Betsy - Thanks for the help! I'll let you know sometime today if my guy is going to take one of my two dogs for sure. You can also just copy this entire thread and send it to him if you'd like...or if you prefer, pm me his address and I'll gladly send all the info to him.

Hillyard Farms - Thanks! I take pictures from all angles, at all times...you don't get to see the 40 pictures that don't make it! You know, the ones of the ground, my left shoes, the sky, or just a piece of the dog. hahahah

Amy - Thanks! I really enjoy writing them! I can't save them all, but if I can save just a few then it all feels worth while. And when I leave a dog after an eval his whole demeaner is differnet than when I arrivded. Watching a scared dog blossom into a pouncing playing puppy is it's own reward.
 

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LOL:
Quote: Watching a scared dog blossom into a pouncing playing puppy is it's own reward.
You got that right! I live with one of those "rewards"!!!
 

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Dog #2. This will be short. There's not much to talk about. This was the main dog that I went to go see since it was suppose to be a complete basketcase...they were right on the money. I finally got the full story on this dog from the person that got it out of the trap. This dog had been reported running around for nearly two months. They finally caught a break and got it in a trap. Now it's been in the shelter going on it's third week.

I approached the kennel and the dog immediatly went and got behind the "dogloo" in the corner.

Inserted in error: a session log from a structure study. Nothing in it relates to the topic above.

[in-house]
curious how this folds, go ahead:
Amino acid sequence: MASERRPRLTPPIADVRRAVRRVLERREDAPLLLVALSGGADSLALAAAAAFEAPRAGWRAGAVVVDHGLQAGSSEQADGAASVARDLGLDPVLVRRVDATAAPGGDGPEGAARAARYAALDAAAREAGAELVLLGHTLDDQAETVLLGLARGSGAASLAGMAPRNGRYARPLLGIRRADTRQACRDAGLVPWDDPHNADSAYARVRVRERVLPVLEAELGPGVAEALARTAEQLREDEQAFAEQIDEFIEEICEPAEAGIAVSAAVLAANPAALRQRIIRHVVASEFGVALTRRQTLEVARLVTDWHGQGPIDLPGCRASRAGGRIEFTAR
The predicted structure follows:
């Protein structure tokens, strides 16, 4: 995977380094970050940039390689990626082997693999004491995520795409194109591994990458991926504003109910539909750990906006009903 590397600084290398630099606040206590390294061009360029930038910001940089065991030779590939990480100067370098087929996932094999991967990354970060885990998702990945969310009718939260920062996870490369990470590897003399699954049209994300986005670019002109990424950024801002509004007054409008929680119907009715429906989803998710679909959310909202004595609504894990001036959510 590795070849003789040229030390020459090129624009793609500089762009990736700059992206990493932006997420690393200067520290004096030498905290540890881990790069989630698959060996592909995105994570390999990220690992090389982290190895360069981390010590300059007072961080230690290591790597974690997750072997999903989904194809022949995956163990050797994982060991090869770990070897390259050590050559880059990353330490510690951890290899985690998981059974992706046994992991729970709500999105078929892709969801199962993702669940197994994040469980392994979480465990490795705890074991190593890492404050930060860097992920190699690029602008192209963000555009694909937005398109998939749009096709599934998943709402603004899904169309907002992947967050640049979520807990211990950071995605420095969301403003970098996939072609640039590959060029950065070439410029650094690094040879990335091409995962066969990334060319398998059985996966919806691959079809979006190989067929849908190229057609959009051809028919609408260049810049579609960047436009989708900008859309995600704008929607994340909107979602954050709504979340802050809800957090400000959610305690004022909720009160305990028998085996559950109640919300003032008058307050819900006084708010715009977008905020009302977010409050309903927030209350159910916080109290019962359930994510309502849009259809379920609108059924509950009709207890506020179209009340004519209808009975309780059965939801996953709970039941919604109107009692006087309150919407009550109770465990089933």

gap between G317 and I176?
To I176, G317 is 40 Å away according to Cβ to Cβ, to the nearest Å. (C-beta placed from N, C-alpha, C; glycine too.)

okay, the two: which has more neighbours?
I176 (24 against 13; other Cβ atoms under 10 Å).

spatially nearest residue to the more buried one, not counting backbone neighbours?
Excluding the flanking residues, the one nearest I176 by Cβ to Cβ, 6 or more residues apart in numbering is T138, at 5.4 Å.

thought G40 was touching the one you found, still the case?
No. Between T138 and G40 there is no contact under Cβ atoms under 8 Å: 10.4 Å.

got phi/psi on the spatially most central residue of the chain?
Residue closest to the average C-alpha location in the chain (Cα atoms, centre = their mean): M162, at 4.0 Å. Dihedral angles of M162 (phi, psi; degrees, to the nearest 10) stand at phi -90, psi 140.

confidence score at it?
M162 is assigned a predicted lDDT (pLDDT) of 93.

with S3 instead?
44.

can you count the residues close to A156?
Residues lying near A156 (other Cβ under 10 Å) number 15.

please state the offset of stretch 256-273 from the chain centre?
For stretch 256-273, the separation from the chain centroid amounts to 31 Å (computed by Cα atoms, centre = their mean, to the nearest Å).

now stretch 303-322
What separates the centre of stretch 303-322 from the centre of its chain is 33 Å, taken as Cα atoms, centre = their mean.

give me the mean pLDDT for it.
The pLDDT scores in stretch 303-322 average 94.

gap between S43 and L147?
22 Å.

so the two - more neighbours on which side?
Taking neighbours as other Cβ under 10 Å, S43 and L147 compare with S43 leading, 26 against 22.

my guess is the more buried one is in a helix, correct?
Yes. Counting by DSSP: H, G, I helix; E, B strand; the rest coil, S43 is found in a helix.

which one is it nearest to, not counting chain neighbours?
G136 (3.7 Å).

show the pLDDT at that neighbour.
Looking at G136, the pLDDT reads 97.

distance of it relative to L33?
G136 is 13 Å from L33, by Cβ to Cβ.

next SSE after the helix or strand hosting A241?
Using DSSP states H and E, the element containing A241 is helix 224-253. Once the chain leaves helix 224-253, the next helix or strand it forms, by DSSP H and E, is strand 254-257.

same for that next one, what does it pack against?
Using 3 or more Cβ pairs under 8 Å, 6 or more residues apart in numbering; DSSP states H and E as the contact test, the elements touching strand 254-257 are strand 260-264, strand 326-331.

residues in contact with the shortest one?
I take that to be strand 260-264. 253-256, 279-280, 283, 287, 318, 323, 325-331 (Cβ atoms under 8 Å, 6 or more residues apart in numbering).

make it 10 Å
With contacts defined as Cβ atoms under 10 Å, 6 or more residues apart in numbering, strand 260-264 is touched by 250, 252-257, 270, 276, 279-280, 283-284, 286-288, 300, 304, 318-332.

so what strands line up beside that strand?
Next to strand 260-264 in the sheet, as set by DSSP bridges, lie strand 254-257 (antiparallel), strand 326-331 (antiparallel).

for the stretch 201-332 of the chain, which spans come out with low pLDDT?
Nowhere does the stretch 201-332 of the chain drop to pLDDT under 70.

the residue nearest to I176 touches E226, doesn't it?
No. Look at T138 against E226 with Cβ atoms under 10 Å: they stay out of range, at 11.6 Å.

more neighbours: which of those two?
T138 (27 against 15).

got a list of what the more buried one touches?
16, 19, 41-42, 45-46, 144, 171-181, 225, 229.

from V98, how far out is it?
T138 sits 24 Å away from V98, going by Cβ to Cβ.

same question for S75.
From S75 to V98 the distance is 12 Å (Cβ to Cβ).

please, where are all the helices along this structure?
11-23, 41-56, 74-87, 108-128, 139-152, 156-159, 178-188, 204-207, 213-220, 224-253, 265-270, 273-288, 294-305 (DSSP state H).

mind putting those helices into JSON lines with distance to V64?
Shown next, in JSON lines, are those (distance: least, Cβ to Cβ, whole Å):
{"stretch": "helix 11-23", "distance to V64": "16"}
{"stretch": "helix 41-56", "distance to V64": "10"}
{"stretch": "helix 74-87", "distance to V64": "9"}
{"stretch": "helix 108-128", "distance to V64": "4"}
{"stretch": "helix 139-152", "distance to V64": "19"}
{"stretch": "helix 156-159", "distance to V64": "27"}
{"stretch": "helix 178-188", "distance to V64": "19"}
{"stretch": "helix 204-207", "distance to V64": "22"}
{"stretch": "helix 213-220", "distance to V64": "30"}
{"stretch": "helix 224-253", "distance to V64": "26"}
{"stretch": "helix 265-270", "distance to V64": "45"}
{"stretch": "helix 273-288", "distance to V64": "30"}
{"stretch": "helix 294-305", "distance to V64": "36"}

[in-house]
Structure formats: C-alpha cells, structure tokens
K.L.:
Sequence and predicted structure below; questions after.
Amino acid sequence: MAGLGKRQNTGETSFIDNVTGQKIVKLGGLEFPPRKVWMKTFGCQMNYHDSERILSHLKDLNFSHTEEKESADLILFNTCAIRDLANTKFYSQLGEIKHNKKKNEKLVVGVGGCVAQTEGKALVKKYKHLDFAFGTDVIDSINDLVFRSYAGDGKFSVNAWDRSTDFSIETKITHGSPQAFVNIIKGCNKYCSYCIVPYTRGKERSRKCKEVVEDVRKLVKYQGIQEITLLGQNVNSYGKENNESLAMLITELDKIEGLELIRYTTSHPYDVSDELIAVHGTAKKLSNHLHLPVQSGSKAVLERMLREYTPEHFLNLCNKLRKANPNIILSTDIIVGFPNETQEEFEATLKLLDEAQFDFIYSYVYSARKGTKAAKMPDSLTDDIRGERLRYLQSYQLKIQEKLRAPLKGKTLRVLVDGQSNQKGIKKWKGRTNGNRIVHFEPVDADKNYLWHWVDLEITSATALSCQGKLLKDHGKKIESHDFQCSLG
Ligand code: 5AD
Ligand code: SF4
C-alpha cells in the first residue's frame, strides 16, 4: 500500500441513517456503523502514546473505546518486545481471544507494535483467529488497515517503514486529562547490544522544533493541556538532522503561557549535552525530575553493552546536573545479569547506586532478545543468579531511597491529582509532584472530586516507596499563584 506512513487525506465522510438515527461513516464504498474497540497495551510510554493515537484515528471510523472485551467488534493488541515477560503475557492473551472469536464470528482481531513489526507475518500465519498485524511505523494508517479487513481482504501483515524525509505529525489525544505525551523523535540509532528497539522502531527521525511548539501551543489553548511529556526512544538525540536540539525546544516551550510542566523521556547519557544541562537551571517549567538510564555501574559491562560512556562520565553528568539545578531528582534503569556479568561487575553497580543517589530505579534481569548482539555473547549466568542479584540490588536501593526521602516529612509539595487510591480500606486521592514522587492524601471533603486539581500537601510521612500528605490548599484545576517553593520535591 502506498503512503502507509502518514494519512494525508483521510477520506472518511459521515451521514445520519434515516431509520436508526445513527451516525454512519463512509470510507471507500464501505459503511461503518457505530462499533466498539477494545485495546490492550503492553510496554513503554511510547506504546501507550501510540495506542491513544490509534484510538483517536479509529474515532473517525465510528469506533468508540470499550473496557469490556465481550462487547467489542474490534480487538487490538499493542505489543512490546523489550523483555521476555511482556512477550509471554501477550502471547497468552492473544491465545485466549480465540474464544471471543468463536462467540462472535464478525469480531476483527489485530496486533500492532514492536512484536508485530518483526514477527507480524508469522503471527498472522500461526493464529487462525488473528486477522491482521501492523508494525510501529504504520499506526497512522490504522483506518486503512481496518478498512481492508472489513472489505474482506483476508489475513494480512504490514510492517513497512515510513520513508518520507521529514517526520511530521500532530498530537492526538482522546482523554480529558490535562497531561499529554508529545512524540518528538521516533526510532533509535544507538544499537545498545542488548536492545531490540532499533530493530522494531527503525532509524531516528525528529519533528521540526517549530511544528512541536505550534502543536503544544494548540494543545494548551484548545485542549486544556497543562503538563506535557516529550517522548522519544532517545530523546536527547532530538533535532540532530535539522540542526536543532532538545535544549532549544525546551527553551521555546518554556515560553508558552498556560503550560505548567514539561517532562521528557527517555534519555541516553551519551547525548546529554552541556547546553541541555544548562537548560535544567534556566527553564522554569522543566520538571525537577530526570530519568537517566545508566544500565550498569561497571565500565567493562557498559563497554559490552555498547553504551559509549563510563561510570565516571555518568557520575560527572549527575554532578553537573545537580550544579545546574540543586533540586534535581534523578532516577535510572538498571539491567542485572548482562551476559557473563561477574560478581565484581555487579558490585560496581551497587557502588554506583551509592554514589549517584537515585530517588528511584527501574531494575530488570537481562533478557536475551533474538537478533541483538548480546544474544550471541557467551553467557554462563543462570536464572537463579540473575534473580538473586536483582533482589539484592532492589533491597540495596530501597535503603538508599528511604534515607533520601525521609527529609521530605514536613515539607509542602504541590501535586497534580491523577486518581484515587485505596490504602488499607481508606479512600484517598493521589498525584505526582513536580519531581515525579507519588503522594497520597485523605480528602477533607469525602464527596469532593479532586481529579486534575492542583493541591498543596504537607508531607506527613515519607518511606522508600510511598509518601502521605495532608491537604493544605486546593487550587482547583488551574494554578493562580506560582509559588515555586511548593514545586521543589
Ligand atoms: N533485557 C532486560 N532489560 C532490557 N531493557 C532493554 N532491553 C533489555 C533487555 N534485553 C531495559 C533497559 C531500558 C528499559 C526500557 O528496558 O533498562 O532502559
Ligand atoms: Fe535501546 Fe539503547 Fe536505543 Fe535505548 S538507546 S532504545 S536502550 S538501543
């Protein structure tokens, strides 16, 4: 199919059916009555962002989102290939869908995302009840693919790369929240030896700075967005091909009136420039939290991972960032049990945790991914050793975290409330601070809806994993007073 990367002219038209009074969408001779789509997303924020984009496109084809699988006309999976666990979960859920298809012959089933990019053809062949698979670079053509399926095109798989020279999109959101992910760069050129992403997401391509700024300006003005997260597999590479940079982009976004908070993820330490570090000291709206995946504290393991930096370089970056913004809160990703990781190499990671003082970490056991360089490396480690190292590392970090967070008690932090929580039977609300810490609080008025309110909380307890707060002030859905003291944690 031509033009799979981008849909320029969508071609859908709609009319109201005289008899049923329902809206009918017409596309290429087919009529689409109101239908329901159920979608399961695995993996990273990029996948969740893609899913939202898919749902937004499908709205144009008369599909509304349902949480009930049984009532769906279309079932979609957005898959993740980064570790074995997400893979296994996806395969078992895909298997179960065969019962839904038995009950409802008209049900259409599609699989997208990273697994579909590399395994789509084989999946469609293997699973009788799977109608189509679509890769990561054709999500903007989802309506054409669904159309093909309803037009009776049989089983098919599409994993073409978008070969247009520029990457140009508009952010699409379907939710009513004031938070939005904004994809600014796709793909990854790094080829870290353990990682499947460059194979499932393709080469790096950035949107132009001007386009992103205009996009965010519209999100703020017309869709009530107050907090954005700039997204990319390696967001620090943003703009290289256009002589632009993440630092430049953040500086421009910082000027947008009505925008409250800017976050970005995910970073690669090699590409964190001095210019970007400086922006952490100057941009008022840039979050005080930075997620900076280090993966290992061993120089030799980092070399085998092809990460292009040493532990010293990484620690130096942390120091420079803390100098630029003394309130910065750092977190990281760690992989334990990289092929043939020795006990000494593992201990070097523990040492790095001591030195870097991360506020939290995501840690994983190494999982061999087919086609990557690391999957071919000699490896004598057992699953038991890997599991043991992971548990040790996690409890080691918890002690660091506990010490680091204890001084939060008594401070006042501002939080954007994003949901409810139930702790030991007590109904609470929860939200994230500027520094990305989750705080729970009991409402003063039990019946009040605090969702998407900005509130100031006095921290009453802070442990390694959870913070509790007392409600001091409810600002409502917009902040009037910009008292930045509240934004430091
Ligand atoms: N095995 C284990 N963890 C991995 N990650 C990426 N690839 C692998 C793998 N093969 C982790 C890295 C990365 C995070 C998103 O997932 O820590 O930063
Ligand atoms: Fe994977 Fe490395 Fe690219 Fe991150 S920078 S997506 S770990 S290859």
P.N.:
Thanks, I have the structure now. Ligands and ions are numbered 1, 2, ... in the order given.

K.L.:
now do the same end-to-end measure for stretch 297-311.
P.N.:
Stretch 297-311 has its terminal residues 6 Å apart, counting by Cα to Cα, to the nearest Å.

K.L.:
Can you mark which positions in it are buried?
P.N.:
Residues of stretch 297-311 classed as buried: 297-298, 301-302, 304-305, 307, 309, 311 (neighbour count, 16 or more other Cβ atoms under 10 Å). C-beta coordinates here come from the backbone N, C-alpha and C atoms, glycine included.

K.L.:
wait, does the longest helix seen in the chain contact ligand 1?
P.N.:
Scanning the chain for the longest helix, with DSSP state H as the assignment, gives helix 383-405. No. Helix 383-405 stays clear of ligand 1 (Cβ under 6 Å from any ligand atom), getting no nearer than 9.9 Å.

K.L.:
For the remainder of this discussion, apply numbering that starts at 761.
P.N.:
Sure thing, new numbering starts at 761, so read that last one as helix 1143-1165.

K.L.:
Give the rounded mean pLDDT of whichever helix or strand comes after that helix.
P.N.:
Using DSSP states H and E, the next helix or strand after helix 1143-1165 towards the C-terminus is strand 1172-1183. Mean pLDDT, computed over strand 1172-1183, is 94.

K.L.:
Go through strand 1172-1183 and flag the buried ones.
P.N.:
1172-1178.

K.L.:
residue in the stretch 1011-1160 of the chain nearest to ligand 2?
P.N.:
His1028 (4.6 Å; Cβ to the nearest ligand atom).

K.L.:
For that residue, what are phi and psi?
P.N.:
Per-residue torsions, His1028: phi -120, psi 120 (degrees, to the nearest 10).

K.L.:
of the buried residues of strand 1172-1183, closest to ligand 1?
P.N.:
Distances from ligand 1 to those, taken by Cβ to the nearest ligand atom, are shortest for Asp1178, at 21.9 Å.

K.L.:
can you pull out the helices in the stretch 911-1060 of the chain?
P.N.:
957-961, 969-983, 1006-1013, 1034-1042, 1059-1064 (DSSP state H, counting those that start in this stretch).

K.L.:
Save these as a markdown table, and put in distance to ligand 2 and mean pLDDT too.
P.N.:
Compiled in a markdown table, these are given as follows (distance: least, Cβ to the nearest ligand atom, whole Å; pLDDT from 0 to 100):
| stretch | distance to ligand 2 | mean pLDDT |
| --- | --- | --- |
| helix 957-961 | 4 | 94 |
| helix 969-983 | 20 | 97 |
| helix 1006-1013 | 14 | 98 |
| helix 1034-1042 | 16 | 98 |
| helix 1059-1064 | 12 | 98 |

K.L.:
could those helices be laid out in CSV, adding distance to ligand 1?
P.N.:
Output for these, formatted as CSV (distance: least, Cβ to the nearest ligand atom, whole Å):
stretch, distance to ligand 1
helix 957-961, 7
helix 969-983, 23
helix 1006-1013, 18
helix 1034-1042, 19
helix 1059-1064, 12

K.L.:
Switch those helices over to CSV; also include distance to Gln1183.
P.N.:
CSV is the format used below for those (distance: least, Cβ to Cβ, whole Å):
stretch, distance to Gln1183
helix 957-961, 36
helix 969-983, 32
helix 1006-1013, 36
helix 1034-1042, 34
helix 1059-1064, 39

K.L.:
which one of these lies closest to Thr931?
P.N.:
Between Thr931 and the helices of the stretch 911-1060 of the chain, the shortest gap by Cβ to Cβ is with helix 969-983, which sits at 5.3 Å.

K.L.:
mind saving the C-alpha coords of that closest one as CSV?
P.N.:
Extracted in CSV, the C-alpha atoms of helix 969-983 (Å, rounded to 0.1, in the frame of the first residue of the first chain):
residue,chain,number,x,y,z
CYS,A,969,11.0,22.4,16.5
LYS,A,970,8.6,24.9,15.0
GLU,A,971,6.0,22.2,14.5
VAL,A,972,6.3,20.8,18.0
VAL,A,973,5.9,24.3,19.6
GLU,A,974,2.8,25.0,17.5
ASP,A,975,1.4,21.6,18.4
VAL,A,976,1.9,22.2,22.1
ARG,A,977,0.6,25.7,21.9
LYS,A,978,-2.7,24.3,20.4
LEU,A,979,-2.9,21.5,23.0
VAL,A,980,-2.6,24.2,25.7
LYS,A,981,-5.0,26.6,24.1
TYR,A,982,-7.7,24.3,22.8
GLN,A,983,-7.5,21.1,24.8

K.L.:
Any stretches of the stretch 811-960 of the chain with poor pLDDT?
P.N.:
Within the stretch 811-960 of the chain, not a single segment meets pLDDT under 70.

I tried to lure it around to where I could reach it with some jerky and it did come out of the corner...but bolted straight into the dog house. Crap. That's the last thing I wanted. I sat down by the dog house to see if she would come out on her own. I tried all my usual tricks, but nothing worked. Since the dog was suppose to be very fear aggressive, I didn't want to just go sticking my hands in there. hahaha.



If I couldn't get this dog out of the house for an eval', she would have even less of a chance of getting adopted. The dogloo didn't have a bottom on it so I lifted it up off of the dog and leaned it against the side of the fence. Being the complete moron that I am, I left my slip chain collar in the grass.

There wasn't a loop on the collar that she was wearing so I slipped my 4 ft leash underneath it and clipped the clasp to the loop end of the leash. The dog collapsed on the ground and wouldn't move. I couldn't pull the dog over the little ramp that they had in there that keeps her off of the ground when it rains so I had to pick her up.

The dog went absoluetly bananas. I carried her over to the side of the building with her snapping and growling under my left arm. I plopped down on the ground and held her till she calmed down a little....five minutes later I put her down and she immediatly tried to bolt.

Still not the worst I've seen, but she was really a wreck. Realizing that she was hooked to me and couldn't get more than a couple of feet away she started biting the leash and then realized she could back herself out of the collar. I couldn't let this happen since we were in an unsecured area and if she got away from me should would be gone again.